In a few moments we will come forward and share words of blessing for you. Listen carefully, because we mean what we say today. Listen carefully because our affirmations and statements of recognition are true and right. Listen carefully because today we speak the truth about your life, and you will need to remember tomorrow…in many of the tomorrows ahead of you…when you momentarily forget that truth yourself. Let our words echo in your mind and your heart in all the years ahead of you, because we have witnessed the truth of your life. May our recognition embolden and encourage you for all that awaits you.
Second, I want to say: this is not about you.
The writer of 2 Samuel reports that over the years of David’s reign as king he became greater and greater…because the Lord was with him. We have seen your gifts and we have named them aloud; we predict that you, also, will become greater and greater as you proceed in your work as a leader of the church. And when that happens, remember that it is not your gifts, considerable though they are, that have propelled you to successful leadership. It is, instead, the Spirit of God.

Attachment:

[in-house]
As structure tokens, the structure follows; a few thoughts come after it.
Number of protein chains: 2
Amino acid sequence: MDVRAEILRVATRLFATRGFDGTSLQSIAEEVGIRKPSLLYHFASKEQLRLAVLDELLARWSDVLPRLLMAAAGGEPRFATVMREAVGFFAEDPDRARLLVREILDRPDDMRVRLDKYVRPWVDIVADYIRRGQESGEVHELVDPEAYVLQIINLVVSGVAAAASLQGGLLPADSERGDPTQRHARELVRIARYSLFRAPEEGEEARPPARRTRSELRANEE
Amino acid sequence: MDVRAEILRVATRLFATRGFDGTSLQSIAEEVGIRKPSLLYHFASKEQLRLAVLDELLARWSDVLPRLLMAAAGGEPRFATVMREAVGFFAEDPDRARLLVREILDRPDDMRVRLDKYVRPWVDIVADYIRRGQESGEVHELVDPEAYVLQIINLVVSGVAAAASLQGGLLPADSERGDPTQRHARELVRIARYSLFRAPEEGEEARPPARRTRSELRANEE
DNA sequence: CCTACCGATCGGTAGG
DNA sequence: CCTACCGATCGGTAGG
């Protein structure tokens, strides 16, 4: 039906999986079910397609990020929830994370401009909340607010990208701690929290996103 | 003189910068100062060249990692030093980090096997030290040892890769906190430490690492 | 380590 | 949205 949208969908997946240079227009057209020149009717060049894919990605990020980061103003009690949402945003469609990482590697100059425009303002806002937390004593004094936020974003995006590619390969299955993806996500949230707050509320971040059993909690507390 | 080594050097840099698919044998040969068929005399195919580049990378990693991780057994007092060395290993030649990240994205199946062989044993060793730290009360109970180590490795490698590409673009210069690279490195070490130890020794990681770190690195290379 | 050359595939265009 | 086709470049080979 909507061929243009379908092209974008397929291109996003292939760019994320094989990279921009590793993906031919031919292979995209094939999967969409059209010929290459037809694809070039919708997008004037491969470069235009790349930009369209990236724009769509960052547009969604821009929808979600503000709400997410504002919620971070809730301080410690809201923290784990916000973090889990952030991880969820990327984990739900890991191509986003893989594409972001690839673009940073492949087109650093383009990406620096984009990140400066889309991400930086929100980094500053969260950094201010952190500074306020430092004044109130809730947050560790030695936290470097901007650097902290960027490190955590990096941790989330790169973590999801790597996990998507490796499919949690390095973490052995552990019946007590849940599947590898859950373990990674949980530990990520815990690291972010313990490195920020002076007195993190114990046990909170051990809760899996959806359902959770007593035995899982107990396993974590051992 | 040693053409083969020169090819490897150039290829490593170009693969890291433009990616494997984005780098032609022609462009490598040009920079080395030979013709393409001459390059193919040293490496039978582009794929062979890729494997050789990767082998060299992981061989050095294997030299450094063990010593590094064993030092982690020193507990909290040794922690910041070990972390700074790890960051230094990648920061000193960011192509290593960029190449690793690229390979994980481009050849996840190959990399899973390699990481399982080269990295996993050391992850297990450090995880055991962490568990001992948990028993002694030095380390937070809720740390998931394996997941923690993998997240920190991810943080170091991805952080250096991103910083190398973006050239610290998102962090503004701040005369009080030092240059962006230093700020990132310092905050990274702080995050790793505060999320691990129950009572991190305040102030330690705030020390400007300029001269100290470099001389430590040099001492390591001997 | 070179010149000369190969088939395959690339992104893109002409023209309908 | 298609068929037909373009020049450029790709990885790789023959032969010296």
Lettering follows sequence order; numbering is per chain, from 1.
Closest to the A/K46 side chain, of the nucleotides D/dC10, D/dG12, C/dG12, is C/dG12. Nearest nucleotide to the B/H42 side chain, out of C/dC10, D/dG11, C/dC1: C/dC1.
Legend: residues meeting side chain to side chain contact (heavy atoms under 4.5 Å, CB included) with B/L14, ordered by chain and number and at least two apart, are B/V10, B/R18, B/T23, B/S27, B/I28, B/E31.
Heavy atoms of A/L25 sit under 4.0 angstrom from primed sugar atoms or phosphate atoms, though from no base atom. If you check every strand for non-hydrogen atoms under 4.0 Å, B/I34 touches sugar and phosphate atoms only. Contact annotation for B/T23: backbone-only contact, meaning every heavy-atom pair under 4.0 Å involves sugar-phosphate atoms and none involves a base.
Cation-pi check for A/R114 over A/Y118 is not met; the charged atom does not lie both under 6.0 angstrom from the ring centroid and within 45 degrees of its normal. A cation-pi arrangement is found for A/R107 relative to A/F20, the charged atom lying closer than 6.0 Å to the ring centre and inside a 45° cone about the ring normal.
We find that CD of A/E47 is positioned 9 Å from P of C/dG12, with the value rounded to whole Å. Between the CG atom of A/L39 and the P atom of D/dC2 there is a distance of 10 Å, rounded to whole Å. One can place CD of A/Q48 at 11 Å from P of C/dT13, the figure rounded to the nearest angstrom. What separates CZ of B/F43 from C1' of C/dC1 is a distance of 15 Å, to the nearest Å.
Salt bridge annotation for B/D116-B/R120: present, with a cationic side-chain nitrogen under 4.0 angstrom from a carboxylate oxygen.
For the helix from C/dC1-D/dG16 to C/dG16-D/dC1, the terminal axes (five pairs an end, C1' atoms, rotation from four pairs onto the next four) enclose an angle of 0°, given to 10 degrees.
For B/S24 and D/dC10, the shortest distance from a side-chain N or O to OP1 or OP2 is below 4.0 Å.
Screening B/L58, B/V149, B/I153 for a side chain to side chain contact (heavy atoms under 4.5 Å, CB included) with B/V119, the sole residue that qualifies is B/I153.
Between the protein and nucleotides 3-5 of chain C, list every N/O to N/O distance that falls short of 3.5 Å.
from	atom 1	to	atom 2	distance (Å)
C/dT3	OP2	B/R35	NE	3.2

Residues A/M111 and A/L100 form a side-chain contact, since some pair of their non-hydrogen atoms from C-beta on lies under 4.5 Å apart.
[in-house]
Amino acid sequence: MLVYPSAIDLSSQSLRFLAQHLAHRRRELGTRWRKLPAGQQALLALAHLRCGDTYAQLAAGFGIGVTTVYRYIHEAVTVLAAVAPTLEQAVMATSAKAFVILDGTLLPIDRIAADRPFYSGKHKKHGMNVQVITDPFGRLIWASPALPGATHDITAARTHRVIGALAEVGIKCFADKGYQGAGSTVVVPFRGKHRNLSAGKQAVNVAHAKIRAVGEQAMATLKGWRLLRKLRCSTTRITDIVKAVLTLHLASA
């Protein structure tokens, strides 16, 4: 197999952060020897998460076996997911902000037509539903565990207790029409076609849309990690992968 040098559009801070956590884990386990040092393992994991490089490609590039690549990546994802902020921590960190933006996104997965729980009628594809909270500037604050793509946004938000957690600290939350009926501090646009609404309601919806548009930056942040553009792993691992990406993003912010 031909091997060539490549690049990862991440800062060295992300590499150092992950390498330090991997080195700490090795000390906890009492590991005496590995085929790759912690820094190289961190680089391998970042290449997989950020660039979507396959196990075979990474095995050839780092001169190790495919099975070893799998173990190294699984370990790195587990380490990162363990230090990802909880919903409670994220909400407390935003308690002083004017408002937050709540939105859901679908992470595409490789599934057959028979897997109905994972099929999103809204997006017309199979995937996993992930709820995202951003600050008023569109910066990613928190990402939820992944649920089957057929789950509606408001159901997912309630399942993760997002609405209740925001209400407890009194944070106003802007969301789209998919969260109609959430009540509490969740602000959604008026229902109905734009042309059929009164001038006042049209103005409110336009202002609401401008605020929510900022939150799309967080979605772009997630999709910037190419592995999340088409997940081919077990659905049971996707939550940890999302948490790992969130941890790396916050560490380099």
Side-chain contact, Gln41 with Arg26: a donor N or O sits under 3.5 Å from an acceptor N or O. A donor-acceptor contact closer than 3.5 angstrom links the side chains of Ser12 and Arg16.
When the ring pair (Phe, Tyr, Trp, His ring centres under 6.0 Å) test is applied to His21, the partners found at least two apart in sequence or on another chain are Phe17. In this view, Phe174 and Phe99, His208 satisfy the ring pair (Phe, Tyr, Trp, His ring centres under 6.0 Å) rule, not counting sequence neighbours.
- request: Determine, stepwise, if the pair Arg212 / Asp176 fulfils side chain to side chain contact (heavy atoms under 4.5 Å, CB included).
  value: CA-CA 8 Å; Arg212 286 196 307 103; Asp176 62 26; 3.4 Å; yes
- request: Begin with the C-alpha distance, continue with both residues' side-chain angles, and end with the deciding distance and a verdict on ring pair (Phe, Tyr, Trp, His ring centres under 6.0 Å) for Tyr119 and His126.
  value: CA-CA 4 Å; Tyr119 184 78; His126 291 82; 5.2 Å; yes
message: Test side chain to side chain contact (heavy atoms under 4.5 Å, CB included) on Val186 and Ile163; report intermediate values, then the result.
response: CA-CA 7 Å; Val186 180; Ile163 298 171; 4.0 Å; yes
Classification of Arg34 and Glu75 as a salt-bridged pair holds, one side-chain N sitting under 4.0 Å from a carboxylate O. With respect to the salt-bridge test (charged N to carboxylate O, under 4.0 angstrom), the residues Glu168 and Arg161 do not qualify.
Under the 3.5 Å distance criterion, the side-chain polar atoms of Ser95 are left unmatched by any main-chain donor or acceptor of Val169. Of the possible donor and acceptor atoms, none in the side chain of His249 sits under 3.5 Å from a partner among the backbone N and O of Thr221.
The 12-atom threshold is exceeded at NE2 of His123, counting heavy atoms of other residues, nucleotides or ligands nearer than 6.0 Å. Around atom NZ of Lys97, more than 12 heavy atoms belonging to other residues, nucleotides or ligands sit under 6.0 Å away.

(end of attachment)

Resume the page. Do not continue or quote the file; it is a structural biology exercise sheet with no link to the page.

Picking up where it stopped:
The truth about being a minister is that, while talking about what you do for a living can kill a good party, it can also be a pretty heady job. Walk with people through the most important times of their lives? Have a captive audience once a week? Represent God?? The truth is that this job can be kind of fun. It can be so fun, in fact, that the thrill of the work can quickly become addicting. You can forget all the doubts you had. You can forget that you answered the call kicking and screaming. You can forget the enormity of the task. You can forget that this, Morgan, is not about you: it’s about God.
As you begin your professional life of ministry, you will have lots to do; a congregation to care for and to-do lists so long they never get done. But in the middle of all of that…in the day to day work of ministry…don’t forget that the work you do isn’t really your work. It’s God’s work. And God was doing this work long before you showed up on the scene…and God will continue this work long after you’re gone. It’s God’s Spirit that is about the work of transforming the world; we are only helpers in the process.
And so, let us pause now for a few moments of musical mediation as we prepare to administer the vows of ordination.